Alton Evening Telegraph from Alton, Illinois on April 21, 1953 · Page 6
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April 21, 1953

Alton Evening Telegraph from Alton, Illinois · Page 6

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Alton, Illinois
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Tuesday, April 21, 1953
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Page 6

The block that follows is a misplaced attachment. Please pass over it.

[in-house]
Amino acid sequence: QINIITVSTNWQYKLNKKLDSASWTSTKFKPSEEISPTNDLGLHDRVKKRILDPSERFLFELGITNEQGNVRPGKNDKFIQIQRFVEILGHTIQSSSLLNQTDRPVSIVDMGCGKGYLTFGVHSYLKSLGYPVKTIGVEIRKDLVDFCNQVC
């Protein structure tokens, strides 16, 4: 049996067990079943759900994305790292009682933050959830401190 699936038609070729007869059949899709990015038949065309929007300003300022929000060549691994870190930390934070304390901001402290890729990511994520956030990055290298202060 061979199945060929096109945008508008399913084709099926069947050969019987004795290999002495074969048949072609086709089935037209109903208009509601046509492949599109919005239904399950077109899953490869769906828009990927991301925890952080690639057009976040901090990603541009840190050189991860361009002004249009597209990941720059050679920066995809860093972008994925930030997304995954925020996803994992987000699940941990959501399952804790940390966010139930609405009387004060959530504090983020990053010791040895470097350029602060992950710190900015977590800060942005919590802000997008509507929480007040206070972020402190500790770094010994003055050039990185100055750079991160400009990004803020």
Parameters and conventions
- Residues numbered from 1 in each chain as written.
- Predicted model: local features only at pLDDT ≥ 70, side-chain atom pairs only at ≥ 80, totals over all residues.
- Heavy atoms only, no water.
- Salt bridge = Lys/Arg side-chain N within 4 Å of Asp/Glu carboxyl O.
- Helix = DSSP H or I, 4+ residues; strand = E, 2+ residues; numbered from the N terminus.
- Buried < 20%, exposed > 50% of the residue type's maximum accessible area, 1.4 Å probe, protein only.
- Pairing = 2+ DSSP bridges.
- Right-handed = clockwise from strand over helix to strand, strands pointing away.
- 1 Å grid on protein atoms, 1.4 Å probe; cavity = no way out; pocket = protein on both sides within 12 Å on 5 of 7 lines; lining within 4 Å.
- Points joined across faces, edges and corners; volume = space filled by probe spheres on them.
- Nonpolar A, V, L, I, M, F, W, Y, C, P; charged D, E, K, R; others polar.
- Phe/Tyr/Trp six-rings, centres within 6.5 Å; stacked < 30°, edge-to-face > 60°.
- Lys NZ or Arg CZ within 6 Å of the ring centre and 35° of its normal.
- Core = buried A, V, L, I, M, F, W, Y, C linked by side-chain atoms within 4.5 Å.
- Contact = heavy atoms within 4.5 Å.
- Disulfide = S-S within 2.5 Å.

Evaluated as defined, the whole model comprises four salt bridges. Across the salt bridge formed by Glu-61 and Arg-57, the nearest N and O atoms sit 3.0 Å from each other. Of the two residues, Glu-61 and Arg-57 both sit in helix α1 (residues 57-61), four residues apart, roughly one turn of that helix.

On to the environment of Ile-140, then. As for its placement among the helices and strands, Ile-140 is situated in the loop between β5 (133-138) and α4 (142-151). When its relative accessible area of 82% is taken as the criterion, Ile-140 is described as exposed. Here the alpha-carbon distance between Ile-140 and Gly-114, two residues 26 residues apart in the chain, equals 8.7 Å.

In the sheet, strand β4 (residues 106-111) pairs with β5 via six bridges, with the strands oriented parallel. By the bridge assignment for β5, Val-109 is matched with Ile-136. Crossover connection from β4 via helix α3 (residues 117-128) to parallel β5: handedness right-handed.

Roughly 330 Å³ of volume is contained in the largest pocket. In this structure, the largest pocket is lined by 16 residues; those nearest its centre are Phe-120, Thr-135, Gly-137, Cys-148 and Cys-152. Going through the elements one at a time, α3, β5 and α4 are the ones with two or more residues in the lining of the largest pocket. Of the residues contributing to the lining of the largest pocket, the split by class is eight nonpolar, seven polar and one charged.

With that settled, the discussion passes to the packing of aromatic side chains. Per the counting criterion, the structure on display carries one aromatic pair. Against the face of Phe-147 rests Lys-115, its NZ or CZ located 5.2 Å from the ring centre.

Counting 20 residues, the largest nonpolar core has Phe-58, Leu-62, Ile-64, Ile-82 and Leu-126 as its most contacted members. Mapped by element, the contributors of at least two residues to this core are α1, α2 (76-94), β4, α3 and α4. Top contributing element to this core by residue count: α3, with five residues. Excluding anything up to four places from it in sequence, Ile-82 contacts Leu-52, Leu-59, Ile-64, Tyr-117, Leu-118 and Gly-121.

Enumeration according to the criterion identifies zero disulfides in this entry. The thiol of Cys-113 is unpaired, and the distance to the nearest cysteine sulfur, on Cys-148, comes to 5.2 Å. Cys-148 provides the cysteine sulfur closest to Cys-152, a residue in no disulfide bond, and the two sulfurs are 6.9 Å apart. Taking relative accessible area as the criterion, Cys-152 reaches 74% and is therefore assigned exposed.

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V mosstx ALTON EVENING TELEGRAPH TUESDAY, APRIL 21, Sewer Contractor. Woodfciver Board Agreement f Firm to Begin Work in i 10'Days After Suit - Has Been Filed WOOD RIVER — Eight reluctant ildermeri here voted at a regular •Council meeting Monday night to adopt a written agreement, entered Into With 0. T. Dunlap of the Madison Construction Company, Kd- wardsvllle, whereby the construction firm will begin work on the sewer project on Madison Ave. within 10 days after a declaratory judgment suit Is filed In the Circuit CourJ which would clear up several controversies In the whole, gigantic $1,800,000 job. The supplemental agreement had been drawn up Monday by City Attorney Thomas Holland shortly 1 after a meeting between city officials and Dunlap, with the executive committee of the Township Chamber of Commerce serving as a "liaison team." It was t held In the Chamber of. i flcei here, lasting for more than I tfifree hours! ; ' Dunlap signs : ^After Holland had drawn the paper up, It was turned over to • tHe Chamber officials, who went to Edwardsville and secured Dun; lap's signature on it. • :Essential]y, the agreement stipulates that if the Madison Construction Company wins a declar- afary judgment suit before a c.ir- caft judge in clarification of the ; lengthy pact, the city will pay an estimated $18,000 extra to Dun! lap" for work on the sewer project 1 on Madison Ave. between 6th St., easterly to where the sewer line terminates. The money would be for alleged extra labor and materials involved in restoring gutters, curbs and sidewalks in the i area. ; ; The city has contended that they • would not have to pay any extra ' f amounts for restoration of the : curbs, etc., if a straight open cut • was used to lay the sewer, "as i specified in the contract." I Dunlap has repeatedly claimed I the city would have to do so, and ,; work on the whole project had i lain practically idle for a long • period of time. } The declaratory Judgment suit. C^Xyas considered the most practical answer. "This matter will get into court one way or another," Holland told the dubious councilmen, "and it is the easiest and quickest way to get the job done." Even if a suit were not filed at this time, one would be filed at a *Jater date, and the city may still owfe Dunlap the $18,000, it was brought out. Filing of the suit appears the quickest way to settle the matter. . "We are losing revenue in the southeast end of town, so we want to, get the project finished," Holland commented. Alderman Byron Killam, who was present at Monday morning's meeting with Dunlap, said "we owe a certain obligation to the people to finish." Start Work In 10 Days Dunlap .according to the agreement with the city, said he would start work within 10 days after filing of the suit and would "work diligently to finish Madison Ave. within six months." It appears that Dunlap intends to use the jacking method of trenching for Ihe sewer line which must go to a depth of •about 28 feet on Madison Ave. This method, it was said, probably will not disturb or destroy gutters, curbs or sidewalks. Alderman Jess Ford said he was going to "vote to sign,this thing under duress." 'Upon a roll call by City Clerk Emmet P. Howard, all of the aldermen present pronounced a hes- • Mating "yes" to a motion made.by Killam, seconded by A. R. House'r to adopt the agreement. About one month ago. the aldermen had voted to file a declaratory judgment suit, but the move was held up. because Holland said j at that particular time nothiiiK would be gained by it. At their last meeting, the city fathers approved a move that! called for sending a letter to the construction company that It was in breach of contract, and to terminate the work and be off the job within 10 days. Yesterday was the 10th day after the letter was mailed but the new agreement apparently voids that action. Visit In Cbambersburg WOOD RIVER - Mr. and Mrs. Tory Miller of 619 First St. and their daughter, Mrs. G. H. Mek and daughter, Linda Sue of Tyler, Texai, spent the weekend with their daughter and sister, Mrs Verlin Lanier of Chambersbu-g. Mrs. Meek, who has visited here .for two weeks, will lease Sunday tar her home in Texas. .,r«5f* rd * H * to Vi * u Hew WOOD RIVER _ L t. Duane Warden is expected to arrive here Thursday with his wife and year old son, Jon Duane. to spend two or three days with his wife's moth- w, Mrs. Nsemi Wieeand, and grandmother, Mrs. Edith Goodwin 40 Eekhard Ave. Mrs. Warden »nd Jon Duane Wt here Sunday to join the lieuten- W»t at Kansas City, Mo , then they were to spend some time with his parents, Mr. and Mrs. Fay B. Warden, at Grant City, Mo., before . caminc here. U. Warden enlisted In the U.S. Aciny i» March «nd has been sta- «**•« Fart S«m Houston, Texas. •w *«• iaA &QII hgvf been re_ b»r» tltf*put $i» week*. «itt l*tvf Saturday for Vu-- 3 Wond River Girl* Gmdnnle At St. Luke's WOOD RIVER — Three girls I who graduated from East Alton- i Wood . River Community- High i School in 1950 will graduate from i the St. Luke's Hospital School of Nursing in exercises at the Christ Church Cathedral, St. Louis, at 8 | p. m. Thursday. i They are Mrs. Martin Bolt, the i former Miss Rhea McOuirr, Miss (Marilyn Juhlin and Miss Patricia i Sehlceper. The girls nee daughters ': of Mr. and Mrs. W. R. McGuire, i 77 Cnrslens St., Mr. and Mrs. Har;old Juhlin, Lincoln Place, and Mrs. Doris Schlcppcr, 559 Metxgnr Ave. Miss Juhlin has been active in extra cnrricular activities. She is president of the student group nnd has attended conventions at Jefferson City, Mo., and Atlantic City, N. J. as a delegate. The three graduates will continue nursing at the hospital until September in order to complete their work. Day f!lrrle» to Meet WOOD RIVER — Day Circles of Presbyterian Woman's Organixa- tion will meet at Ihe First Presbyterian Church at 10 a. m. Wednesday to sew cancer dressing and make hospital tray cards. Sack lunches will provide the noon meal. At one o'clock the circles will have tbeir business meetings and programs. T i 11 e of the programs will be "Minorities in Our Midst". Circle chairmen are Mrs. Wallace Stevenson, Mrs. R. E. Weihe, and Mrs. Fred Meyer. Bby sitters will be provided during the business meetings and programs. Undergoes Surgery WOOD RIVER — Mrs. J. R. Chandler, 252 Norwood PI.,, underwent eye surgery today at McMillan Hospital 600 S. Kingshigh- way, St. Louis. She entered the hospital Monday. BISHOP O'CONNOR CIRCLE of Daughters of Isabella wore entertained with a hat show and pantomime ar the regular Thursday evenings/neeting at KC Hall, Wood River. The entertainment was presented-by the losing team in a recent membpr'.lrp contest captam«d by Mrs. Charles Corrigan. More than 100 new members were signed during the contest.—Staff photo. At Wood River RoxanaRecreation Schedule Listed ROXANA—The recreation schedule for the council room and council room of the Community building for April 21 through April 27 is as follows: Council room, no ctivities scheduled except the regular Presbyterian Church services Sunday, April 2ff. Gymnasium, Tuesday, election day, closed to other activities; Wednesday, free play 3 to 5 p. m., tap dancing instructions 5 to 7 p. m. and casting club 7 to 9:30 p. m.; Thursday, free play 3 to 5 p. m., tap dancing instruction 5 to 7 p. m. and free play 7 to 9 p. m. • Friday, free play 3 to 5 p. m., Boy Scout court of honor 7:30 to 10 p. m.! Saturday, free play 10 a. m. to noon, Junior High and below, free play 1 to 4 p. m. Senior High and above, Junior Teepee 7:30 to 10 p. m.; Sunday, regular Presbyterian Church service; Monday free play 3 to 5 p. m.; lap dancing instruction 5 to 7 p. m. and free play 7 to 9 p. m. Girl Scouts Meet ROXANA — Intermdiate Girl Scouts of Troop 67 met Monday afternoon at the Little House and elected new officers. The officers are Judy Kroeger* president; Sandra Lovell, vice president; and Joey Hughes, secretary. The girls enjoyed singing songs and discussed Ihe sewing badge. Snacks were served by P a m Crawford. Brownie Scouts of Troop 132 met Monday afternoon at the Burbank building. Mrs. Marvin Wilson, leader, announced the play day activities Saturday from noon to 3 p.m. for all Girl Scouts in the area at the Dads' Club Park in South Roxana. Each girl is to bring a sack lunch. ' The Brownies made May baskets at the meeting and birthday cupcakes were served by Gloria Kra- venek and Mrs. Orville Kerr, co- leader. Varieties Postponed ROXANA-- Because of inclement weather Friday, it was impossible to have the Roxana invitational track meet and the only date all schools involved could attend is April 23, therefore the PTA variety show scheduled for that date has been postponed until April 30, according to program manager Latham Harris. Sgt. LoyU Graduate* ROXANA — Mr. and Mrs. Ira Loyd. 230 Thomas St. have received word that their son, Jack T. Loyd. recently graduated in the top 10 of his class from the non-commissioned officers school at Camp PendlPton, Calif., where he is stationed with the Third Marine Div ! - sion. Sgt. 1.0yd competed with 142 marines. Sgt. Loyd graduated in 1949 from the Roxana High School and was employed by Emerson Electric Mfg. Co. before entering service. He is married to tfae former Miss Shirley Robertson of Wood River, who resides with Sgt. Loyd at Carlsbad, Calif. Penning Ave. Curb, Guttering Project Nears Completion i — '~ Wood River Troop Visits Camp Levis Mutual Workers Civ* $115 in Cancer PriVf Miss Betty Bassett of Millers Mutual Insurance Co. reported that $115 was collected in the recently completed cancer fund drive at that office. The employe participation was about tt) out of 105. Telegraph Want Ads "Click." WOOD RIVER — At. least: one construction project here will bo finished in relatively short, ordrr, weather permitting,- councilmen were told Monday night at a regular meeting here. That is Penning Ave. curb and guttering program, which will be terminated in about five weeks according to Wilbur Stevens, former city engineer, who remained as the city's boss on the job. .•*"" ^Because two sewer inlets (manholes) had either been destroyed or damaged in recent days, Stevens asked for police protection on the project. The contractor will put up barricades, warning lights, etc., councilmen were told. "Unless the council objects, I will tell the police to give protection," Mayor William R. Stoneham said. There were no objections. The mayor said his orders would read that police "strictly enforce" the law if people in cars drive over barricades or new parts of the project. Police will be asked to patrol the streets involved heavily, Stoneham remarked. 32 Manholes Installed ' Thirty-two of 38 manholes have been installed to date, Stevens said, trees have been removed, and the project was progressing easterly from Haller and Penning Aves. this week, it was stated, with curb and guttering being installed. Stevens noted an apparent oversight of the contractor at 9th and Penning Aves. where a manhole for the new sewer has never been installed. The problem of whom to give water service again reared its ugly head at the meeting Monday night. An applicant for water lives in an area that is surrounded by the city limits, but the small area itself is not in the city. The City Water Commission, in a ruling, said they would not give the applicant water. However, applicants seeking water who live outside the present boundaries may receive water service if they desire. "That's a silly ruling," piped Mayor Stoneham. "I can't feature one like that. The ruling is unfair, it is discriminatory, not to give this man water even though he has lived in the city limits and has paid taxes, yet give it to others who have never lived inside the limits." "The idea," commented Earl Krenz, city engineer, who is also head of the water; commission, "is why he should not come into the city. He's getting all the advantages (of living inside a cify limits) hut none of the disadvantages." Stoneham said it was his understanding if the city surrounds an area, the area can be absorbed into the city without much trouble. Alderman Jesse Ford said: "We're in an untenable position. We've allowed others outside to tie on at the higher rates. So we can't hardly refuse this man." Krenz is expected to report the sentiment of the council to the members of the water commission at their next meeting. , Hamilton Resigns In other action Monday night, the council: (1) Accepted the resignation of John Hamilton as street commissioner, effective April 30. .(21 Approved a request by the Village of Roxana's water department that the Roxana water department be granted permission to supply water to Ihe Ohio Oil Company, which actually is inside the Wood River city limits. However. Wood River's nearest water main to the oil company if approximately 1,000 feet away. "It's a nice gesture on the part of Roxana. It will save us several thousand dollars," commented the mayor. (3) Heard a recommendation by Alderman Joe Stassi, «halrman of the street lighting committee, that a street light be placed on N. 9th St., near the northerly city limits, north, of Edwardsville Rd. (4) Instructed Stoneham to cojv Hold Court of Honor Sunday Afternoon WOOD RIVER Twenty-six were in attendance at a Father- Son overnight camp Saturday night and Sunday at Camp Warren Levis of local Scout Troop 70. A Court of Honor was held following church services at 2 p. m. Sunday at the camp. Those in attendance were: Vern Bramley and son, Gene; R. L. Waters and son, Darrell; Herman Rademacher and son, Bruce; Or r ville Smith and son, John; Casmer Zacny and son, James; Carl Worthy and son, Curtis; Virden LaMarsh and son, Jerry; Tom Skaggs and son, Dick; Stanley Adcock and son, James; Ralph Gentry and son David; Gary East, Jerry Heidler, Gerald Wray and Dick Husted. Arbra Coalson and John Duncan, assistant scoutmaster. At the court of honor, two boys, Gene Bramley and James Adcock, received star awards and Jerry LaMarsh received a first class award. Activity awards were also presented for the last district camp. Elizabeth Thallman In Hospital WOOD RIVER —'Miss Elizabeth Thallman, daughter of Mr. and Mrs. Alfred Thallman, 400 Sotier PJace, underwent nose surgery at McMillan Hospital, St. Louis, Monday. Miss Thallman is a clerk- typist at the Illinois State Employment Service, Alton. She expects to be confined at the hospital most of this week. Honored at Shower WOOD RIVER — Mrs. Tom Korbet was honored at a shower given Friday night at 644 E. Penning Ave., by Mrs. Paul Kladar and Mrs. Sam Biondolino. Tho stork shower was attended by 21 persons. Prizes were won by Miss Pauline Korbet, Mrs. Jerry Branham and Mrs. Philip Schoppet. Hartford CORRESPONDENCE By PATRICIA CAM3WELL u HARTFORD — Mr. and Mrs. Edward Knaggs and daughter of Litchficld visited with Mr. and Mrs. Luther Peterson of W. Bircli St. Sunday. Mr. and Mrs. Frances Woolver- j ton of E. Fourth St. spent Sunday with Mr. and Mrs. Bernard Burk of Bunker Hill. Mr. and Mrs. Oren Rhoades and family of Carlinville; Mr. and Mrs. George Rhodes, Mrs. Marilyn Rogers and family of Bethalto, and Mr. and Mrs. James Jackson of Granite City spent Sunday with Mr. and Mrs. Frank Moore of E. Watkins St. Mr. and Mrs. Benny Lawrence and family of Bethalto spent Sunday with Mr. and Mrs. William Doman of W. Forrest St. Mr. and Mrs. Loren Donaldson and Mr. and Mrs. William Walter and son of Alton visited with Mr. and Mrs. Bernard Branson of E. First St. Sunday. Mr. and Mrs. Ernest Starbuck of N. Delmar St. spent the weekend with Mr. and Mrs. Walter Branson of Tammsf i Mr. and Mrs. Louis A. Tucker of Madison, Ohio accompanied by Mrs. Elvis Tucker and sons have returned home after visiting with Mr. and Mrs. William Doman of W. Forrest St. for several days. Mr. and Mrs. Elwood Caldwell of Meadowbrook visited with Mr. and Mrs. C. D. Caldwell of E. First St. Monday evening. fer with Del Bangert, chairman of the swimming pool board of directors regarding a suit that has been filed against the city for alleged injuries incurred at the pool last summer of a 12-year-old girl. (5) Heard a citizen, A. C. Hunt, speak against the removal of trees on Whitelaw Ave. between the sidewalk and street. Whitelaw Ave. is tentatively scheduled for a widening of about 10 feet. Hunt recommended Whitelaw be made a one-way street, or permit no parking on either side of the street, thereby saving the beautifying trees. Telegraph Want Ads "Click." It's GLIDDEN PAINT FESTIVAL TIME AMU ttitt 25th SAVE 31 Introductory O#ftr Giro kilns in vtnoyt ilMOOTU AS 1« $47 JOINER ill! CO. SM4 Bit* S<4ltt When you are ironing, remember that an iron heats more quickly than it cools. So first Iron the clothing and other pieces' that need low temperatures; iron cottons and linens that need high temperatures later. Revival Underway At East Alton Meetings Held Nightly at Assembly of God EAST ALTON - The Rev, tt. A. Hamilton, former radio pastor from Alton, is speaker at the revival meetings being conducted in the Full Gospel Assembly of God Church. The Rev. A. I. Sherman reports the revivals are held each night at 7:30 expect Monday and Saturday evenings. The meetings will continue through May 3. Rev. Sherman also reports that his church is planning to hold a vacation Bible School starting June 8 in the church. The school will be held for two weeks. Twins Rome. Over Weekend EAST ALTON — Pvt. Escel Beasley and Pvt. Estel Beasley, twin brothers who are now stationed at Fort Riley, Kan., spent the weekend visiting relatives here. They visited Mr. and Mrs. Andrew Kearn, 107 Ferguson Ave., and Mr. and Mrs. Raymond Porter, 114 Hanner Ave., and Mr. and Mrs. Lowell Beasley in Forest Homes. They have been in service since Feb. 1 and have completed eight weeks of training. Treated at Hospital EAST ALTON - Muriel McGee, 219 Goulding Ave., was given emergency treatment for a nose injury at Wood River Township Hospital Monday. He received the injury when a chest of drawers slipped, he was moving, and struck him in the face. Attend Meeting EAST ALTON — Five members of the Woman's Club attended the 22nd district auditions for program material held Monday in East St. Louis. They were Mrs. F. Edward Todd, president; Miss Marie Jerrells, president-elect; Mrs. Robert Vorman, Mrs. Herman Meyers and Mrs. John Dear Pirate Party Held EAST ALTON — Twenty five young people attended the pirate party held Saturday night in the First Methodist Church under sponsorship of the MYF. A scavenger hunt was held. Several who didn't bring the treasurer chests for the MYF fund were forced to walk the plank in old pirate fashion. Lucille Pritchard, Nancy Moore, and Marvin Menecke were in charge of decorations. Norma Huston, Mr. and Mrs. Harold Hires and Gib Whitten were in charge of refreshments. Attend Sub-District Meeting EAST lALTON — A group of 13 from the First Methodist Church attended the Alton-Edwardsville district meeting held in Bethalto Monday night. Sponsors attending were: Marjorie Frye, Mrs. Darrell James and the Rev. Robert Simpson, i felts of New Refinery Standard Official Addressee Rotariam at Wood River Electronic scales buried under highways now can weigh trucks as fast as they speed by. The truck's gross weight, speed, axle weights, and axle spacings, all can be measured in a fraction of a second when a fast-moving , truck rolls across an inconspicuous platform laid into the ,road. Telegraph Want Ads Click! Godfrey Firemen's Auxiliary Completes Plans for Picnic GODFREY — The Godfrey Firemen's Auxiliary met at the town Hall Monday evening and made plans to assist the men at the firemen's picnic planned for June 11, chairman of the for the fireman, 12, and 13. Al Batchelor, food committee attended the meeting and outlined plans for the food booth. Sandwiches and soda will be sold at the booth and the women were asked to assist with the preparation of the food. Mrs. John Strasser was appointed general chairman for the Auxiliary's part in the picnic. Qulit blocks were distributed and the members embroidered them during the evening. The quilt is to be sold at the picnic. Quilt frames will be set up in the home of Mrs. William Roller and members are asked to assist with the quilting. Mrs. Mary Peters and Mrs. Al Batchelor were appointed as the committee in charge of the quilt sale at the picnic. A total profit of $42 was reported on the pastry sale held by the Auxiliary on April 10. Seventeen persons attended the meeting including two new members. Refreshments were served by Mrs. Kenyon Friedline. Legion Meets Tonight GODFREY — The American Legion will meet this evening at 8 o'clock in the town hall. The introduction of new members is planned for the meeting. The Post has already past its 100 per cent membership for the year as compared with last year's membership. There are not 57 paid members in the Post. The Legion Auxiliary will also meet this evening at C o'clock at the home of Mrs. Steve Healey. Property Not Sold GODFREY — William Waters said today there was no truth in the rumors that his place located near the junction of Rt. 67, and 111 had been sold. He said he had had nurmerous chances to sell the property but had rejected all offers. The Waters home was where Benjamin Godfrey once lived when he settled in this area. The Mark of Quality! ,*;•:,.> SHOES FOR CHILDREN Cure styles in tbecf cfaifncd to fit tiny feet and to provide long wear. *U NASA, ALTON Hartford Pupils Enter Exhibit at Science Fair HARTFORD — Third' and fourth grade students of Woodrmv Wilson School entered three exhibits at the Science Fair In St. Louis last week and won a first place profl* ciency award. The exhibits were a coal mine, how the coal was made, nnd plastic articles made out ot the coal. John Gucclone built a miner's office, Blllle Schllllnger built an elevator for a mine shaft with an erector set, and charts and drawings were, made by SheNo Nichols, Joyce Karns, Blllle ScHlllInger and Gary Cox. Miss Dorothy Mart is Ihe teacher of the third and fourth grade. , Observes Date HARTFORD — Mr. and Mrs. Carnnhan of W. Sixth St. observed their 25th wedding anniversary with an open house Sunday from 3 p.m. to 6 p.m. Bunker Hill FHA Group Attend Sectional Meet BUNKER HILL. — The Future Homemakers of America of this section met In 'Taylorville Saturday. Twenty-eight Future Homemakers, from here, and their teacher, Mrs. Lola Lavls, and Mrs. Fred C. Bort, attended. Sandra Hackney, lona Mansholt. Geraldine McElroy, and Janet Helmkamp tSok part in the style show which was part of the afternoon program. Young Adults Meet BUNKER HILL. — The Young Adult class of the Methodist Church staged a White Elephant sale and elected officers at their monthly meeting Thursday evening. Mrs. Dean Mize was elected President; Ralph Gerdt, vice president, and Mrs. Bill Jaynes, secretary-treasurer. Refreshments were served to the group by Mrs. Richard Moulton, Mrs. Dean Mize, and Mrs. Earl Taff. Attends Installation BUNKER HILL. — Mr. and Mrs. Robert Griebel, Mrs. R. E. Bley Jr., Mrs. G. W. Behrens Sr.. and Mrs. F. E. Bauer attended the installation of officers of the Temple Shrine last Thursday evening at Gillespie. Mrs.' Griebel was master of ceremonies and Griebel was installed as King. News Notes BUNKER HILL. — Mr. and Mrs. Richard Lowe and children of Mulberry Grove were Sunday dinner guests of the Rev. %id Mrs. Donald LoWe. They attended church services Sunday morning with, the Lowes' in Dorchester. Mrs. Ed Oldenettel accompanied Mr. and Mrs. Paul Johnson, East Alton, to Decatur Sunday, where they visited with Mr. and Mrs. Ed Mansholt. Mr. and Mrs. T. D. Haining Jr., Chicago, and Tom Haining m, student at Champaign, spent the week end with Mr. and Mrs. Robert Griebel and T. D. Haining Sr. Missionary Society Meets BUNKER HILL — Mrs. D. D. Trusdale Was re-elected president of the Baptist Missionary Society Thursday evening at the home of Mrs. Ben Festerman. It was the monthly meeting of the society. Mountains were so obstructive to the enterprises of the men of the Middle Ages that they showed no appreciation of the beauty of mountain scenery. - Government engineers say the Rip Grande is becoming steadily smaller. WOOD RIVER - The great net* work of Standard Oil Companies, and its subsidiaries was explained and Illustrated with the use of slides by Frank Walter to local Rotarlans at their weekly luncheon Monday at the First Preiby terlan Cnurch. Rotarlan Walter, assistant superintendent of the mechanical division at the Standard Oil refinery here, also spoke of the new. Standard Oil refinery being built at Mandan, N. D., across the river from Bismarck, where he is being transferred in the near future. The Mandan refinery presently is scheduled to produce 30,000 barrels per day, and will have no intermediate i tankage, Walter said. Present output of the Wood River refinery is about 45,000 barrels per day, according to Walter. He was aided in the illustrations by T. J. Wlshlinskl, superintendent of training at the local refinery. Dr. Stan Pisarek was honored by the club on the occasion of his birthday. Visiting Rotarlans included Ray Maxfield, Walter Stobbs, Art Mahon, John Brown and Joa Homsey of Alton; Luther Harris and Sid Frey of Roxana; Clyde Fruit and Olin Wetzel of Ed- vvardsville, and Larry Meisel of Clayton, Mo. Alan Brown was Junior Rotarlan. Wishlinski was a guest of Walter. Members were reminded of the stag tonight at Clifton Terrace with membersof the Bethalto and Roxana clubs. Announcements included those of a district conference at Galesburg next Monday and,Tuesday; Jerseyville Rotary's charter banquet at 7 p. m. Thursday May 7; and a benefit turkey dinner at Skaggs April 29, the proceeds to go toward the cancer fund here. To Enter Service WOOD RIVER — W i 111 a m R. Hanselman, 201 Eighth St., will leave Friday for Aberdeen, Md., where he will be stationed in the ordinance division of the Aberdeen Proving Grounds. Hanselman was graduated In February from the University of Illinois with a business administration major. He was a imember of the ROTC while in school and will go into active duty with a lieutenants commission. Mrs. Hanselman and son, Jeff, will remain here until suitable housing can be found near the camp. Mrs. Parks at Convention WOOD RIVER — Mrs. Beaumont M. Parks, president-elect of American Association of University Women, attended the Illinois' State Division Convention of the AAUW at Peoria Friday and Saturday. Fifty of the 56 branches of the association were represented at the convention which was held at the Pere Marquette Hotel. There were 184 voting delegates and 150 non- voters in attendance. • The national president, Dr. Susan RUey, of Peabody College was main speaker at the Friday evening banquet. Her topic was "Challenge of the Future." Mrs. Parks attended as an official delegate of* the local association. ASTHMA COUGHS Don't let difficult breathing, coughing and wheezing, due to recurring apasms of Bronchial Asthma or simple Bronchitis ruin your sleep and energy without trying MENDACO. Works through your blood to help loosen and remove thick, strangling mucus. Thus usually allays coughing which permits freer breathing and sounder sleep. Oet MENDACO under money back «uar- ! anteo at druggists. Point now—Point BEST with ' New Pittsburgh WALLHIDE Rubberized SATIN FINISH t Olidoi on with Amazing last It'i fwitr to paint w»lli now with Vtllbidt Rubb«rii»d Satia Finiib. It glide* on imootbly tod Uavw no «pp»rei» UP or bruih aurki. Even miu*d ipeu nay b* nll»d in without damaging tb» final appearance. Uw roller, brush or iptay to apply thii tough, elaitic, beautiful new faith. • Cltoni In o Jiffy Duu, tool, great* and othtf uuhhoni mla» caaoo* peaewatf WaUUdc'i §ew rubher-UJt« poa-fwwu surface- Vtf* of inger uoean, tak ipou, wayoa, «K cur ochr on* or lipukk quickly, eauly, wuhout bum te th« ihe*» of tolat- • Wrthitondi MotHl Family UM Have lively youoguen arouod? No need to •wry about them ownag ar icuttoc the wall* whea they're |»UUM with Waflbid* Ruhhtroed fcain F iauh. Thu laM-drving o*w PUM ha* aa extra toughmi aad durability that retiui bard ve»f. weal pe*l. crids or tad won't rub af. 16 h*»uu!ul colon Fast Drying \ • Easy Clean/fig FISCHER VMMr WWBWBMWI ^P^Pwi^Pr ^^I^P ™ J4IU